Finally, Jesus says, "Whatever you declare bound on earth shall be bound in heaven; whatever you declare loosed on earth shall be loosed in heaven." This is rabbinic terminology. A rabbi could bind, declaring an act forbidden or excommunicating a person for serious sin; or, a rabbi could loose declaring an act permissible or reconciling an excommunicated sinner to the community. Here Christ entrusted a special authority to St. Peter to preserve, interpret, and teach His truth. In all, this understanding of Matthew 16 was unchallenged until the Protestant leaders wanted to legitimize their rejection of papal authority and the office of the Pope. Even the Orthodox Churches recognize the Pope as the successor of St. Peter; however, they do not honor his binding jurisdiction over the whole Church but only grant him a position of "first among equals."

St. Peter's role in the New Testament further substantiates the Catholic belief concerning the papacy and what Jesus said in Matthew 16. St. Peter held a preeminent position among the apostles. He is always listed first (MT 10:1-4); MK 3:16-19; LK 6:14-16; Acts 1:13) and sometimes the only one mentioned (LK 9:32). He speaks for the apostles (MT 18:21; MK 8:28; LK 12:41; JN 6:69). When our Lord selects a group of three for some special event, such as the Transfiguration, St. Peter is in the first position. Our Lord chose St. Peter's boat to teach. At Pentecost, St. Peter preached to the crowds and told of the mission of the Church (Acts 2:14-40). He performed the first miraculous healing (Acts 3:6-7). St. Peter also received the revelation that Gentiles were to be baptized (Acts 10:9-48) and sided with St. Paul against the need for circumcision (Acts 15). At the end of his life, St. Peter was crucified, but in his humility asked to be crucified upside down.

As Catholics, we believe that the authority given to St. Peter did not end with his life, but was handed on to his successors. The earliest writings attest to this belief. St. Irenaeus (d. 202) in his Adversus haereses described how the Church at Rome was founded by St. Peter and St. Paul and traced the of handing on of the office of St. Peter through Linus, Cletus (also called Anacletus), and so on through twelve successors to his own present day, Pope Eleutherius. Tertullian (d. 250) in De praescriptione haereticorum asserted the same point, as did Origen (d. 254) in his Commentaries on John, St. Cyprian of Carthage (d. 258) in his The Unity of the Catholic Church, and many others.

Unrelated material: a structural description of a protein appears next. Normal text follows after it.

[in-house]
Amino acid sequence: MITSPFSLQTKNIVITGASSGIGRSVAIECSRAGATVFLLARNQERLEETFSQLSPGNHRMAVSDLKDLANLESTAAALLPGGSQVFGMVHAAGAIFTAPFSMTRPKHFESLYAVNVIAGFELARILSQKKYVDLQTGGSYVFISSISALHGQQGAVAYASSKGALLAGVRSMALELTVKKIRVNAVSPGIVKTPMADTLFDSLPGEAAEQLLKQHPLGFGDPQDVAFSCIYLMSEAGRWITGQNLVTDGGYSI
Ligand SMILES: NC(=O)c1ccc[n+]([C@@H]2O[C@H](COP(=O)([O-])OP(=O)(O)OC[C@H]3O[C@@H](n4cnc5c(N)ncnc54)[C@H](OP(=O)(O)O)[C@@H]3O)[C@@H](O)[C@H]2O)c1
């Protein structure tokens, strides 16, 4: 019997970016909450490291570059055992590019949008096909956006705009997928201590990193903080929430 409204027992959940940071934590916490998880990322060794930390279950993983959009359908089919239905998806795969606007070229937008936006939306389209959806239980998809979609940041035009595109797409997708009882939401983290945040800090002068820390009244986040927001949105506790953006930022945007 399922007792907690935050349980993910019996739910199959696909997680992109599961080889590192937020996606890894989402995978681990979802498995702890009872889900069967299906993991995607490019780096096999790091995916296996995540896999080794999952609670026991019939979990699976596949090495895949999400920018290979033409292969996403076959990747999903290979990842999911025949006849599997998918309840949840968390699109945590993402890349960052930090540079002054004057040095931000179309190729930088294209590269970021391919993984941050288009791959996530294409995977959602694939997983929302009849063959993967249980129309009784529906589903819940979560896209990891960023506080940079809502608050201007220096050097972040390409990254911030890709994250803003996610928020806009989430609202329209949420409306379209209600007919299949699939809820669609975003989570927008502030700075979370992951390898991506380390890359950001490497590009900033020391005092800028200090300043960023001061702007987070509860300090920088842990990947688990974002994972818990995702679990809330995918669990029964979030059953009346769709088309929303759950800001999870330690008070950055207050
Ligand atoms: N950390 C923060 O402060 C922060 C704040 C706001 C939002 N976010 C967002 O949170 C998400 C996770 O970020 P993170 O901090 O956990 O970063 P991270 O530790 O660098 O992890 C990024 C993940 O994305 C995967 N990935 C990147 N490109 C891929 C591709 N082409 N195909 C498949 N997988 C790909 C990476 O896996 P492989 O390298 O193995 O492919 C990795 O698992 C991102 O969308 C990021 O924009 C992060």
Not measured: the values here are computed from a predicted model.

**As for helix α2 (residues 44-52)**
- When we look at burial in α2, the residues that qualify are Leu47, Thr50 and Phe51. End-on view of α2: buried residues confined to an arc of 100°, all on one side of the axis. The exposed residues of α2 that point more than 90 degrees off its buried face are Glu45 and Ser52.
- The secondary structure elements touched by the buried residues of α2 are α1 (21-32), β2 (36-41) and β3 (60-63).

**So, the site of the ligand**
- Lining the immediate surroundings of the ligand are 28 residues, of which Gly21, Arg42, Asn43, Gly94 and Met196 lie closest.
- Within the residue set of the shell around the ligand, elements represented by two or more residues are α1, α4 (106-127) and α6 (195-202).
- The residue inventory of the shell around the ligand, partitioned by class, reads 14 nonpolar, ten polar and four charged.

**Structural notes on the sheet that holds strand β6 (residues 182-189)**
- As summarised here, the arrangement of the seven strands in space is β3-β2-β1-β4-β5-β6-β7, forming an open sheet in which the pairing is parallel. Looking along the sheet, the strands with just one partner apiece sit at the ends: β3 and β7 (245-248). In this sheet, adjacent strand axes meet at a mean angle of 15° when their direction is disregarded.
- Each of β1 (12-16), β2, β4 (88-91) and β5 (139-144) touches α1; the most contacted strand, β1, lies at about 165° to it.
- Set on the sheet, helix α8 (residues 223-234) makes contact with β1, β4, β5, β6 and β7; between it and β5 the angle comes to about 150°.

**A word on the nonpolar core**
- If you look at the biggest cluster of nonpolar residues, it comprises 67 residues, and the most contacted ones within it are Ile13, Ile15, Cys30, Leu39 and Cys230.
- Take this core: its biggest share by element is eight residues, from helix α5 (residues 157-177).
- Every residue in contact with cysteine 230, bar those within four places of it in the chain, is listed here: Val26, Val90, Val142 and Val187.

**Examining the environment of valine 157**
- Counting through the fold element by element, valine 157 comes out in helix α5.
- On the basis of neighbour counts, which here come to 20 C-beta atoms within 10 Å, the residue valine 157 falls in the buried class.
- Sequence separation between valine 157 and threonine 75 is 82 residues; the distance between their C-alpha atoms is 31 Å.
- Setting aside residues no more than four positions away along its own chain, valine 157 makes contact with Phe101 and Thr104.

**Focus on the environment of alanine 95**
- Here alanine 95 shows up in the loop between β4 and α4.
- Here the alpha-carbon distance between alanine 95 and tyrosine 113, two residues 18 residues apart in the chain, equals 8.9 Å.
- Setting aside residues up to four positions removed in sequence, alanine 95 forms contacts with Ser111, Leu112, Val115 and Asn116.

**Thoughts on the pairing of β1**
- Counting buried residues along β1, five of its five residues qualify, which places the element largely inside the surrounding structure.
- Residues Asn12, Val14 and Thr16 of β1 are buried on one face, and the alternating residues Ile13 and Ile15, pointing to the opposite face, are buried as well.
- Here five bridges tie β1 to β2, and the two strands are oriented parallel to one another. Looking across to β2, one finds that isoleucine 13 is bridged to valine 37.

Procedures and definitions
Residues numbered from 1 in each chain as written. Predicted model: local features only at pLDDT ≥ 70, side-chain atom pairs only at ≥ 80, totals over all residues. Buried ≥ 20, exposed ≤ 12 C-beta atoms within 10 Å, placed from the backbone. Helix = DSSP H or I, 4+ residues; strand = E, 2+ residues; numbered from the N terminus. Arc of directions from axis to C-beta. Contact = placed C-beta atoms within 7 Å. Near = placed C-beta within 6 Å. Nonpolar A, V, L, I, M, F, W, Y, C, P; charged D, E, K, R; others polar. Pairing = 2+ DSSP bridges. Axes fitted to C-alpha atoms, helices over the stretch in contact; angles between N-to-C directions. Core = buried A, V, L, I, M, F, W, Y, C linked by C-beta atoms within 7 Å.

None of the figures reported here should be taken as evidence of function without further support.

Granted, the expression of papal authority becomes magnified after the legalization of Christianity, and especially after the fall of the Roman Empire and the ensuing political chaos. Nevertheless, our Church boasts of an unbroken line of legitimate successors of St. Peter who stand in the stead of Christ. We must always remember that one of the official titles of the Pope, first taken by Pope Gregory I, the Great (d. 604), is "Servant of the Servants of God." As we think of this answer, may we be mindful of our Holy Father, Pope John Paul II, and pray for his intentions.

 

 



ACKNOWLEDGEMENT

Saunders, Rev. William. "Debating Peter's Primacy." Arlington Catholic Herald.

This article is reprinted with permission from Arlington Catholic Herald.

THE AUTHOR

Father William Saunders is dean of the Notre Dame Graduate School of Christendom College and pastor of Our Lady of Hope Parish in Sterling, Virginia. The above article is a "Straight Answers" column he wrote for the Arlington Catholic Herald. Father Saunders is also the author of Straight Answers, a book based on 100 of his columns and published by Cathedral Press in Baltimore.

Copyright © 2003 Arlington Catholic Herald